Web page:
about

The Shenandoah Valley’s Premier Women’s Flat Track Roller Derby League

Mission Statement
Rocktown Rollers is a skater-owned & operated organization that is dedicated to supporting local businesses & charities, serving as positive role models in the community, respecting diversity, and providing quality sports entertainment. Each member accepts the responsibility to uphold these values and work for the growth of roller derby both locally and nationally.

ROCKTOWN MILESTONES

2014 and beyond
We’re playing bouts and training hard! Want to join in on the fun? Check out our schedule, or contact us for tryouts!

2013
We celebrate 5 years of athleticism and community service in the Shenandoah Valley!

2012
Rocktown Rollers becomes a 501(c)(3) organization!

2011
Rocktown Rollers is accepted as an official league of the Women’s Flat Track Derby Association (WFTDA) .

2010
Rocktown Rollers becomes an apprentice league of the Women’s Flat Track Derby Association (WFTDA) .

2009
Rocktown Rollers begins its first competitive season.

To learn more about the sport of Roller Derby, visit:
The international governing body of women’s flat track roller derby, WFTDA.
A comprehensive news and reviews site, Derby News Network.
A magazine for all things roller derby, Five on Five

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Narrative History
Janna-cide and Troch created the Rocktown Rollers in early 2008. Rocktown includes members throughout Staunton, Waynesboro, Rockingham and Augusta Counties. The team was established during a wave of new flat-track derby teams around the country since 2001.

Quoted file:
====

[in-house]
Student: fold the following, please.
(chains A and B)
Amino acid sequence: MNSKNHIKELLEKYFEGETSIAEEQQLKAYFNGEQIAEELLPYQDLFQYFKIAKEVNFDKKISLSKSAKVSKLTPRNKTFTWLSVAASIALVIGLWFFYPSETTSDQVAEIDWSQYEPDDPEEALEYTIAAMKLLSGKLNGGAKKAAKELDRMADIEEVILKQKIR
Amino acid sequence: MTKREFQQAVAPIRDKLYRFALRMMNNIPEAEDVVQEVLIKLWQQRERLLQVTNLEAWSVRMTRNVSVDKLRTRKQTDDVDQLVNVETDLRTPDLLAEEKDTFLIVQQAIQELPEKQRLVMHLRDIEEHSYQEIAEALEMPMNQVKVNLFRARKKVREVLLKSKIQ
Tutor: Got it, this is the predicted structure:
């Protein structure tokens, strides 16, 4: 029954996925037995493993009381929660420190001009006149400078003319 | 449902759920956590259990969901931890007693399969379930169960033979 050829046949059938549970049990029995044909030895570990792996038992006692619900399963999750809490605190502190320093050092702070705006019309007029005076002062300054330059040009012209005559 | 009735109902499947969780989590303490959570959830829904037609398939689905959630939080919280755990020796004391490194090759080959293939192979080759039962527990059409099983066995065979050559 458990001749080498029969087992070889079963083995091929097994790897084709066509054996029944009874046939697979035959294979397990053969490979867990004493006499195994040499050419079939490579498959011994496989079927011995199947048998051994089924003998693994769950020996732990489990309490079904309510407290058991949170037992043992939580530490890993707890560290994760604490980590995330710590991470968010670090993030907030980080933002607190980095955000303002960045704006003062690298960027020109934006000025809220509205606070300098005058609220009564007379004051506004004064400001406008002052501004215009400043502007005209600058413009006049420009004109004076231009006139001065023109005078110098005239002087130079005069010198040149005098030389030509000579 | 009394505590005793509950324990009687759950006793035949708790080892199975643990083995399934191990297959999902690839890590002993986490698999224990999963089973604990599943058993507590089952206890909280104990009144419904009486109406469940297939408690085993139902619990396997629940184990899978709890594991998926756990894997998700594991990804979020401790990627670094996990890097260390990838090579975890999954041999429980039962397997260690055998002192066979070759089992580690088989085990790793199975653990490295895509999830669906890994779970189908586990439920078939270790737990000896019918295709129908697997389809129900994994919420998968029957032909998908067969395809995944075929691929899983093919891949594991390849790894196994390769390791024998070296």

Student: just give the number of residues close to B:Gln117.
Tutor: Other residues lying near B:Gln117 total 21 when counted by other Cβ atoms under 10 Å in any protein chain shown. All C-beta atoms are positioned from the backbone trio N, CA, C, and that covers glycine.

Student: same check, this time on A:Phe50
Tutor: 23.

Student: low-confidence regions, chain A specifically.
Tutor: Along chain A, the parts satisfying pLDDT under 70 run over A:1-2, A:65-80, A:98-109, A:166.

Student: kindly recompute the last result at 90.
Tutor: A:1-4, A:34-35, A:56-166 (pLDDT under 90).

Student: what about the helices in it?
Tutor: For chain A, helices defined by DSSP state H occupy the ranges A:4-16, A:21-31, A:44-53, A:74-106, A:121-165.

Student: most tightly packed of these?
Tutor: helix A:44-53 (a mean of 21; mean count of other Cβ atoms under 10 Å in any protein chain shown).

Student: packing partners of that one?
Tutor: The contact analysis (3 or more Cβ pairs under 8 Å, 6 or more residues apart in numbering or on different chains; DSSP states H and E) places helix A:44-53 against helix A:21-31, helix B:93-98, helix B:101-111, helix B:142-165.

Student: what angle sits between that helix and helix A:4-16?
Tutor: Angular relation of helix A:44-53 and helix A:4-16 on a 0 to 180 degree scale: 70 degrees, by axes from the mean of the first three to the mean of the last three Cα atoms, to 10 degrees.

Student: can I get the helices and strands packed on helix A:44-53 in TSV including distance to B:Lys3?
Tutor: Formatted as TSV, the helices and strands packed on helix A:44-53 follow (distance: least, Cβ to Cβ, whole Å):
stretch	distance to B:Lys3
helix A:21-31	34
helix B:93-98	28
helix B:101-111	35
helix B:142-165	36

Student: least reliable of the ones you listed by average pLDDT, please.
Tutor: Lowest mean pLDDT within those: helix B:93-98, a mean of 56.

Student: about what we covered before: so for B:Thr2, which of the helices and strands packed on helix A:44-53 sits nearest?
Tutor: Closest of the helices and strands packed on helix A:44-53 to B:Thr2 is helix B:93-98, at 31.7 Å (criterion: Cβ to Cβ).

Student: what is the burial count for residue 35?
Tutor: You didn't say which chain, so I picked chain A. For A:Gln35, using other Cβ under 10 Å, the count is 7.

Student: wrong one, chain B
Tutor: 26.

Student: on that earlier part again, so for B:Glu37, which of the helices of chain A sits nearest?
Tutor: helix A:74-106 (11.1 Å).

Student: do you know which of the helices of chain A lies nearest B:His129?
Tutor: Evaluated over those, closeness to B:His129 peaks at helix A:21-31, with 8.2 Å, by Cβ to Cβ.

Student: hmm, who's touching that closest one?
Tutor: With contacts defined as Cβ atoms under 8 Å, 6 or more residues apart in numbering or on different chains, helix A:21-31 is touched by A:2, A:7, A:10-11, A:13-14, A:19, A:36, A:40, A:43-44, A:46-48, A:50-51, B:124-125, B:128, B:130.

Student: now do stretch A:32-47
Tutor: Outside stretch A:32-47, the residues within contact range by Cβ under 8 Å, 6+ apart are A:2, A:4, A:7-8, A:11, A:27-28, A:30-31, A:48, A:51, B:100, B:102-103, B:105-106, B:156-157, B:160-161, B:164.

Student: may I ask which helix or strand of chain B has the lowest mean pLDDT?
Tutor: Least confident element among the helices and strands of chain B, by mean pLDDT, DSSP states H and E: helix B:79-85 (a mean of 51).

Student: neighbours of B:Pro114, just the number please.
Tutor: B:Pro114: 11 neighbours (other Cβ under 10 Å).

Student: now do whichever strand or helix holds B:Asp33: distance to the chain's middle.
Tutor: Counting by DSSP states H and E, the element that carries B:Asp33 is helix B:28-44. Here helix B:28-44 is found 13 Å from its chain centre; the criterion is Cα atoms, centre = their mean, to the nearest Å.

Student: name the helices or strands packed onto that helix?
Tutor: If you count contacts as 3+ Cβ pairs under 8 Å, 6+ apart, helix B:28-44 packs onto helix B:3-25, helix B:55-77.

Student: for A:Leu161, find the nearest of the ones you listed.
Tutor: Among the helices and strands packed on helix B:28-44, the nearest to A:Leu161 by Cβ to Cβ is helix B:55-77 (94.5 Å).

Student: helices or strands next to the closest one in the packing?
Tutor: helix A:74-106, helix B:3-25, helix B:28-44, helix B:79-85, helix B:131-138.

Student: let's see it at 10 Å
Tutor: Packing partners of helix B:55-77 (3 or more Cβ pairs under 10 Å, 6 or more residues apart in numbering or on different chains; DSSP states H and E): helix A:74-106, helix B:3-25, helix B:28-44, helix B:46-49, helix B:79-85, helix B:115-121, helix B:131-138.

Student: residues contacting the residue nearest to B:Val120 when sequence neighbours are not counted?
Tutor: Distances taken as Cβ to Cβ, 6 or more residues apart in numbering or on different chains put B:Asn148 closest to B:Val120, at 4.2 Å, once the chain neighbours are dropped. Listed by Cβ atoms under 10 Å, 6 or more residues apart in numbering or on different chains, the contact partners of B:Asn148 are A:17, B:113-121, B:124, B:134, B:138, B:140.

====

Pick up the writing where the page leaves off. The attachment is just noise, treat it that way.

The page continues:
The sport began during the Great Depression as small teams skated endurance races with minimal contact. It picked up momentum and developed into a full contact sport for women’s and men’s teams, and reached its height of popularity in the 1960s and 70s, when games played on banked tracks were televised and widely broadcast. During this time, many teams earned notoriety for on-track fighting, much of which was staged, and their counter-culture sex appeal. The game lost attention in the decades that followed.

Contemporary women’s roller derby teams began in Austin, TX in the early 2000s, and maintained some of the camp of the 70s — tough and sexy nicknames, costumes — but demanded atheticism from their players. Flat-track began to spring up around the country, aided by a DIY ethic: all they needed was a flat surface and some girls to skate on it. The Women’s Flat Track Derby Association developed as a result of the Austin revival and now sets the ground rules, guides, and ranks 150 member and apprentice leagues around the world.

Janna-cide told the Staunton News Leader that she’s pleased with the modern incarnation of the sport: “It’s not staged at all. It has very strict rules and regulations that we have to adhere to,” she said, explaining that seven referees per bout are on the lookout for kicking, tripping, elbowing or punching — all forbidden. “In the two years that I’ve been doing it, I’ve never seen a fight.”

Rocktown has grown with the popularity of the sport. The league now has more than 30 members, and is considering adding a B-team for more play time. Between monthly bouts, Rocktown Rollers hosts community events and supports local charities through volunteerism and fundraising.

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